Signal 1900-1925
Signal 1926-1950
Signal 1951-1975
Signal 1976-2000
Signal 2001-2005
Historical Prices

S&P 500
Signal 1950-1975
Signal 1976-2000
Signal 2001-2005
Historical Prices

Signal 1950-1975
Signal 1976-2000
Signal 2001-2005
Historical Prices

40 Year History
Prime Rate
Mortgage Rates
Treasury Rates
CD Rates
● Stocks have risen 2.4% annually when the discount rate was rising.
● Stocks have risen 8.4% annually when the discount rate was falling.
● Stocks typically rise 3.5 times as fast when the discount rate is falling.
● Current conditions urge caution.
What is the Discount Rate?
The Discount Rate is set by the Federal Reserve. It is the rate at which banks borrow money from a Federal
Reserve Bank. Changes in the discount rate are usually followed by similar changes in the rates of other key
interest rates. It is one of the tools used by the Federal Reserve Bank to influence the economy. The rate may
change often but typically changes
direction only once every two to three years. The direction has changed
only thirty seven times since the Federal Reserve Bank was established in 1913. In eighteen of those
periods, the discount rate rose. In nineteen periods, the discount rate fell.
Stock Returns and the Discount Rate: 1914 - 2005
Discount Rate
Discount Rate
DJIA Annual Return
Best Gain
Worst Loss
Periods with a Gain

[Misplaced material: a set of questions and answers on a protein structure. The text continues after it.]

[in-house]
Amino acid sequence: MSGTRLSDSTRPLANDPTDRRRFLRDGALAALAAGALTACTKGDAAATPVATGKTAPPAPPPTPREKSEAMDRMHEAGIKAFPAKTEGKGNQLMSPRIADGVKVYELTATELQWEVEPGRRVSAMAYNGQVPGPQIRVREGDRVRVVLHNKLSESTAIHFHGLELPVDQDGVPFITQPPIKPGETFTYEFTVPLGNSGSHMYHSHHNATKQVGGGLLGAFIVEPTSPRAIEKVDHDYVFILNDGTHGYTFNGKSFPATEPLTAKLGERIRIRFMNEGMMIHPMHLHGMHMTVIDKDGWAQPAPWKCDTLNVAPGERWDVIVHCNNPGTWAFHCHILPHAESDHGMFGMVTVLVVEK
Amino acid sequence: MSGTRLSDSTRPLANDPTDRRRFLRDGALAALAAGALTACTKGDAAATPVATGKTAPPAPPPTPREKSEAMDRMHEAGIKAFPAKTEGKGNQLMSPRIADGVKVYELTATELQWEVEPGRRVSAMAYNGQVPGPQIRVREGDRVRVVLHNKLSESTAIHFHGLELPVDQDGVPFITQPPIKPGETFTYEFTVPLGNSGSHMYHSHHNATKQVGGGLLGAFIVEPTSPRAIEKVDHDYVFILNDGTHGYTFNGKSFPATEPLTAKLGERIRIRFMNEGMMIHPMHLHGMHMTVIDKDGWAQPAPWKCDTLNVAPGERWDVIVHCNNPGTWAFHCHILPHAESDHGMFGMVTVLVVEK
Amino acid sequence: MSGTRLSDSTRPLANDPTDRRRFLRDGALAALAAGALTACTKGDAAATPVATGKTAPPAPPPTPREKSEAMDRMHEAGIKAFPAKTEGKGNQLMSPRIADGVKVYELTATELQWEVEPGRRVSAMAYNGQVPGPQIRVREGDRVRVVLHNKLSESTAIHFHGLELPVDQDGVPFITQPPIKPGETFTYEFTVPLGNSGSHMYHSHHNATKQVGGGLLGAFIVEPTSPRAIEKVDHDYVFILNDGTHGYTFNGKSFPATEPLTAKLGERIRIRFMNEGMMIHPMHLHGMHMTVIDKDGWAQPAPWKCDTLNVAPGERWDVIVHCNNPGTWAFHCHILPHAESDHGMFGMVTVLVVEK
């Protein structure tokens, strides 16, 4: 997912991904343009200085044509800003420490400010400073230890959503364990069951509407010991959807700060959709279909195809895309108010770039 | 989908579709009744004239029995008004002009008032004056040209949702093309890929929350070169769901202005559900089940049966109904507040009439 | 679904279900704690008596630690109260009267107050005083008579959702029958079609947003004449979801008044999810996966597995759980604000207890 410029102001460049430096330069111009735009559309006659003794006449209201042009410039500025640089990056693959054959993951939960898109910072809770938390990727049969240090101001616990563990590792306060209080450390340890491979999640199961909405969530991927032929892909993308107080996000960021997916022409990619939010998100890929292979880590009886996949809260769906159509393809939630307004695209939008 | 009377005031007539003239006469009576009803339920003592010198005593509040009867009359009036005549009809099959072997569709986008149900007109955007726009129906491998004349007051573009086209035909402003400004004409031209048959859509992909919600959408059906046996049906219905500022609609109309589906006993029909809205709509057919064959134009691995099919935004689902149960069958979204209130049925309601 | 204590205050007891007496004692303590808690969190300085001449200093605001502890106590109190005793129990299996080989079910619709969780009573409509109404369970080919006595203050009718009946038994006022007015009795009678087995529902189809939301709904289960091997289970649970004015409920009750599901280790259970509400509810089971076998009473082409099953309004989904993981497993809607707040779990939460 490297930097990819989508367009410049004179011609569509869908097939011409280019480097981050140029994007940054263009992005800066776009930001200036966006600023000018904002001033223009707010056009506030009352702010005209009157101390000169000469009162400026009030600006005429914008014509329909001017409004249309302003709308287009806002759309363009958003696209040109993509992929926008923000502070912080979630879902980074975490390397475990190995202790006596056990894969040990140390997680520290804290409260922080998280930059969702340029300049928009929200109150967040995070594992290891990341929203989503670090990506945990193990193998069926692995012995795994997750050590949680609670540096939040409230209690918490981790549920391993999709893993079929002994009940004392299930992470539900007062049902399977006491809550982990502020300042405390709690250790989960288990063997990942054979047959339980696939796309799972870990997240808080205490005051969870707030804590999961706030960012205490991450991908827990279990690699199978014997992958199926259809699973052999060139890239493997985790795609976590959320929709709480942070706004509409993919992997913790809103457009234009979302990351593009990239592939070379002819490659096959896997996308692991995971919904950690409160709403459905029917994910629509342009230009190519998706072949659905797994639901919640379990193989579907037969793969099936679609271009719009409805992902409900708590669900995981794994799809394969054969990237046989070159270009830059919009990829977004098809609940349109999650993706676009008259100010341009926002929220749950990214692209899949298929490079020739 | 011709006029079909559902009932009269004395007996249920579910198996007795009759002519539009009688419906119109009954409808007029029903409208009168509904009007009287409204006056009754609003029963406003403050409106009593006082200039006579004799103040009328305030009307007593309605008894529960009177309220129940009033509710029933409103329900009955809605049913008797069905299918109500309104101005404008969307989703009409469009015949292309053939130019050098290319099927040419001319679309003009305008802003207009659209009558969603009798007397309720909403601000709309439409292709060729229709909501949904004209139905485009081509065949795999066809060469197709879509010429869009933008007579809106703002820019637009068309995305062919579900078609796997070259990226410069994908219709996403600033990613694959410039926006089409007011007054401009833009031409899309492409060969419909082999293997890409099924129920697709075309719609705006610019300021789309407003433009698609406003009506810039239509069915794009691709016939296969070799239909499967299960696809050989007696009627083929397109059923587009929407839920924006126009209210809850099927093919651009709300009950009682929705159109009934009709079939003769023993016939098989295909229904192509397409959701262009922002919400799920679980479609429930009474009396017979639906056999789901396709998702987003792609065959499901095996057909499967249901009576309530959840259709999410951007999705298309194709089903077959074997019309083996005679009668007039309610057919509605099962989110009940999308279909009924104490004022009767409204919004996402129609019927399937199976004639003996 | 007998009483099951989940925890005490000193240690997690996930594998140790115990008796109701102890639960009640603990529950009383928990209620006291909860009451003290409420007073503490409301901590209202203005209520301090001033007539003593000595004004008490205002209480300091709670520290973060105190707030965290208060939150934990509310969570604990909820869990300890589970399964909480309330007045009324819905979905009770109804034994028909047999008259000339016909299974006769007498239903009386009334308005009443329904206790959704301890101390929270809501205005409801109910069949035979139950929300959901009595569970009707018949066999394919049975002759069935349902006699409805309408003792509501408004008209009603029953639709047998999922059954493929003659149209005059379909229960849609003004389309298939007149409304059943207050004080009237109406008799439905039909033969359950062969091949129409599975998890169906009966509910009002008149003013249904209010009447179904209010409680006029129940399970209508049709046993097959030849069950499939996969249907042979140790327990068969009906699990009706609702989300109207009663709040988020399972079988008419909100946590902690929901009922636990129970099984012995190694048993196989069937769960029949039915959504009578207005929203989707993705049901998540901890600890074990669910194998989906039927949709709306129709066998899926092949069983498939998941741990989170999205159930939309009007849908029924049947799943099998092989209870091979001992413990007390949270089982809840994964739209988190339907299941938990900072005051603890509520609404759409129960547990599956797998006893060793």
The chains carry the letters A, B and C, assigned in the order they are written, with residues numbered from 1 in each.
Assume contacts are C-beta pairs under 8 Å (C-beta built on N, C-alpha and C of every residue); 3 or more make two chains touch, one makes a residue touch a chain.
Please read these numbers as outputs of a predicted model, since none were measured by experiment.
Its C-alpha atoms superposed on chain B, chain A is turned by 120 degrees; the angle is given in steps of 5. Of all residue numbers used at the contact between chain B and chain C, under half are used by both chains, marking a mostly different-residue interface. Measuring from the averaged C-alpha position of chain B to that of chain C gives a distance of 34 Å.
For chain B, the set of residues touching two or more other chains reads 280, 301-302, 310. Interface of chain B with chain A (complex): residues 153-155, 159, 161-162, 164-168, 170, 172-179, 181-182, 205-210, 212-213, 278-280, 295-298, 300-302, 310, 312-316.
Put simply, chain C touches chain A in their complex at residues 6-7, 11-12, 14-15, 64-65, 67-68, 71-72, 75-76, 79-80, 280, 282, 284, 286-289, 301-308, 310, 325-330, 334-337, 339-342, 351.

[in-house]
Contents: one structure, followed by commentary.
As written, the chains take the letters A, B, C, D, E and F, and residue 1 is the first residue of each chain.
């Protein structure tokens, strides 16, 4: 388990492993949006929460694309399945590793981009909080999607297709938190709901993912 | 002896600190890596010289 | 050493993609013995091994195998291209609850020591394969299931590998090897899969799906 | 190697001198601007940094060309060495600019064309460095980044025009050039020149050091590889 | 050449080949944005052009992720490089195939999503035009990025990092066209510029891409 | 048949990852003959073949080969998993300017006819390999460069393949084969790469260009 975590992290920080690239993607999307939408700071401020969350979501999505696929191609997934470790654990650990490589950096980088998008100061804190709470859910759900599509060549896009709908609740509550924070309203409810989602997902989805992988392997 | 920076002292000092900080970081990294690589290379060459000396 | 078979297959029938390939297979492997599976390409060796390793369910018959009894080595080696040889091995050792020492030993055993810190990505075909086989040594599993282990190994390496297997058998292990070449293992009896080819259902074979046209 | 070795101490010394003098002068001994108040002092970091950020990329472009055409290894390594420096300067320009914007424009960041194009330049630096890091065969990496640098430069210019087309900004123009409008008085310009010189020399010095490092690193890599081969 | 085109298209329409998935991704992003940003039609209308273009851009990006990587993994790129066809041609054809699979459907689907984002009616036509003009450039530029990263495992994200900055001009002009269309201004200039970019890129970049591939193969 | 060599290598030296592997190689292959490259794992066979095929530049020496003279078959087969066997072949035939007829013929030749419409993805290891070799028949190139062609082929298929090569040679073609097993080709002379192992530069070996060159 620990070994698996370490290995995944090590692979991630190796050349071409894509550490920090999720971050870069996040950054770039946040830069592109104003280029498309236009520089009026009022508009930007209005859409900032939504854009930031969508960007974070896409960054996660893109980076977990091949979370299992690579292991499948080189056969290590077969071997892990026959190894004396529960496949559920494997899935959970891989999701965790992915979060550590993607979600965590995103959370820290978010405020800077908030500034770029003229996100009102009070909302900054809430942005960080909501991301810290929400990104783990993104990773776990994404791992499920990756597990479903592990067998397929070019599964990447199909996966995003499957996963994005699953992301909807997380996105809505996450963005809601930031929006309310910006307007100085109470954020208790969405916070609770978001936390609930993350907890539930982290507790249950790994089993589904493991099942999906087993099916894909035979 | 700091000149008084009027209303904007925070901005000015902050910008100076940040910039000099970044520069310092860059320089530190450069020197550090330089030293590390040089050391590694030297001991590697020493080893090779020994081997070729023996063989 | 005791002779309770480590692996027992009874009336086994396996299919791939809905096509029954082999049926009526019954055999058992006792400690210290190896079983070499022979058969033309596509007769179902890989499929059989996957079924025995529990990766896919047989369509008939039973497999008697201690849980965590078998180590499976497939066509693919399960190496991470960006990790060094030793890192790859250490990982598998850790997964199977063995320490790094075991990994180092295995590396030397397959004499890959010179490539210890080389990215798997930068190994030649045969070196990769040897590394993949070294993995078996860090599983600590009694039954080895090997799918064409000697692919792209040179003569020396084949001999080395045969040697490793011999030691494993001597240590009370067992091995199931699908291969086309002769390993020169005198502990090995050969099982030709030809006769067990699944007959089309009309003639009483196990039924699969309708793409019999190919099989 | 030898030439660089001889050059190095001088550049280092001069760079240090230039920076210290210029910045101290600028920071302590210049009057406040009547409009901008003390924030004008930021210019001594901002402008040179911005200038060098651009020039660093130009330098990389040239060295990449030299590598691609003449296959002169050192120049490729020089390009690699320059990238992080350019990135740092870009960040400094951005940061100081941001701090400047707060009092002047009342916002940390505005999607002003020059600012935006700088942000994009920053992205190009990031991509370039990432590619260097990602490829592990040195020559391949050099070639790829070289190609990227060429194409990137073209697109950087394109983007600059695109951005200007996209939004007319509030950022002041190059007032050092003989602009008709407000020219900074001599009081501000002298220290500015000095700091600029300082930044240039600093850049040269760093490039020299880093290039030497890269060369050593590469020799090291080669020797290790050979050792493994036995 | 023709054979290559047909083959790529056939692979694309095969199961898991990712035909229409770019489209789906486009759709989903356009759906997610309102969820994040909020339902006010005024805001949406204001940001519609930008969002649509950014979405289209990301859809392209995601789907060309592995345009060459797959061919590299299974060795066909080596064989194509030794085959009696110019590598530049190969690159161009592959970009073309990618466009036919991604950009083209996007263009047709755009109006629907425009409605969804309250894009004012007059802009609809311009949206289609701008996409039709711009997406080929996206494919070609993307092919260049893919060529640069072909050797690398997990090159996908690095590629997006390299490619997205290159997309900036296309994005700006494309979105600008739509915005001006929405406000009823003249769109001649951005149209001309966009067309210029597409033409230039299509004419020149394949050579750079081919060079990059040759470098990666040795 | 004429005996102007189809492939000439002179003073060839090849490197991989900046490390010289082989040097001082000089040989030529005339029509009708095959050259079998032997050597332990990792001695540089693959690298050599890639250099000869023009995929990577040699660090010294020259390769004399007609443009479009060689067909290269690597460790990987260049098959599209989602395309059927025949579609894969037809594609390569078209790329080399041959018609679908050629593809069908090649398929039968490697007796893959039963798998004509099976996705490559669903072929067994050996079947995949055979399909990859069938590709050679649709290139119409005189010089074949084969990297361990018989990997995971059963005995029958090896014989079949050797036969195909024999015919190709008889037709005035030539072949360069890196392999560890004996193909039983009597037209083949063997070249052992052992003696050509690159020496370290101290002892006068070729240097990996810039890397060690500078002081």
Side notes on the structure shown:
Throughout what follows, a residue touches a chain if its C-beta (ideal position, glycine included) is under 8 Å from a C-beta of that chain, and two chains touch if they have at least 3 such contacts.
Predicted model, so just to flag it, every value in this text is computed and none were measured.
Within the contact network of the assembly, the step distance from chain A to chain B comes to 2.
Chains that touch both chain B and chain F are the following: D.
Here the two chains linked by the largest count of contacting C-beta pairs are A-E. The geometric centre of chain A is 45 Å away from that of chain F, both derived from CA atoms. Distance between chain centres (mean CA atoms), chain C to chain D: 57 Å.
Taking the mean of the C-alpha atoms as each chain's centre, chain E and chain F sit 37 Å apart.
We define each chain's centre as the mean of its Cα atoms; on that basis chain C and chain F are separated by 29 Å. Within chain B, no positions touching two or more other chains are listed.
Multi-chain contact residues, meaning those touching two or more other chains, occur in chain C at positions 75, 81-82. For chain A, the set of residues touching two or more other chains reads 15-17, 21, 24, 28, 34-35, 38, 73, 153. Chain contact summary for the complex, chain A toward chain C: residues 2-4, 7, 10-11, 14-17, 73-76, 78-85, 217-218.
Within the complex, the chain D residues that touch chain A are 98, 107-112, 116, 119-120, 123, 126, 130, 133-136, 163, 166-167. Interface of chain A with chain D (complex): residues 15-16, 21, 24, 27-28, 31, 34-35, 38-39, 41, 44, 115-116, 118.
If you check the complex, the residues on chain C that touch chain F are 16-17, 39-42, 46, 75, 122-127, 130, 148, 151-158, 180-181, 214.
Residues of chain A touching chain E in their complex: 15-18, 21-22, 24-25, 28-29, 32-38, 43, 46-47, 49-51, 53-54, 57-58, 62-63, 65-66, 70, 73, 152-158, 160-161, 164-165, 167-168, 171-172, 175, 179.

Periods with a Loss
1) If the last change in the discount rate was up, the discount rate is rising. If the last change in
the discount rate was down, the discount rate is falling.    
2) Dividends are not included.
The annual compounded stock return while the discount rate was rising was 2.4%. While the discount rate
was falling, stocks rose
8.4 % / year. That's 3.5 times as fast as when rates are rising. (8.4% / 2.4% = 3.5).  
Of the nineteen periods when the discount rate has
fallen, only three of them produced a losing period for the
Dow (DJIA).  Two of those occurred in the last 6 years. The other occurred in the Great Depression.
The fact that the discount rate is currently rising, combined with the Dow's recent record of losing money
when rates fall, is not encouraging. On the bright side, the market has been climbing and SignalTrend's
computerized timing system is still bullish on stocks. (A Buy signal is still in effect.)
In the next issue of Investment Tips:
This bull market is getting old. History suggests that it is due for a setback. SignalTrend will show you the 104
year record.
Look below to send us your feedback or to see previous issues of Investment Tips.
SignalTrend Inc. 2006 All Rights Reserved.
Terms of Use / Disclaimer        Contact Us
How do I use this information?
1) Consider investing a portion of your funds based on the direction of the discount rate. You might allocate
10% of your liquid funds to this purpose. Invest those funds in stocks when the discount rate is falling. Move
them to short term bonds, CDs or money market funds when rates are rising.  The direction of the discount
rate is currently up (bearish for stocks).
Prepare yourself emotionally to change from bullish to bearish positions. The end of bull markets are
deceptively full of peace, safety and prosperity. Their beginnings are disguised by confusion, pessimism and
outright panic.  SignalTrend's unemotional computer timing system may change its buy / sell signal in the near
future. If that happens, SignalTrend will send you an email alert. Be sure to check your email on Saturdays.
Remember, SignalTrend's stock market timing system was backtested 100 years with excellent results!
Rising Interest Rates Hurt Stocks
Proprietary Graphs, Tables and Analyses - All Rights Reserved
Our Market Timing...  Your Triple Gain !                             Backtested 100 Years !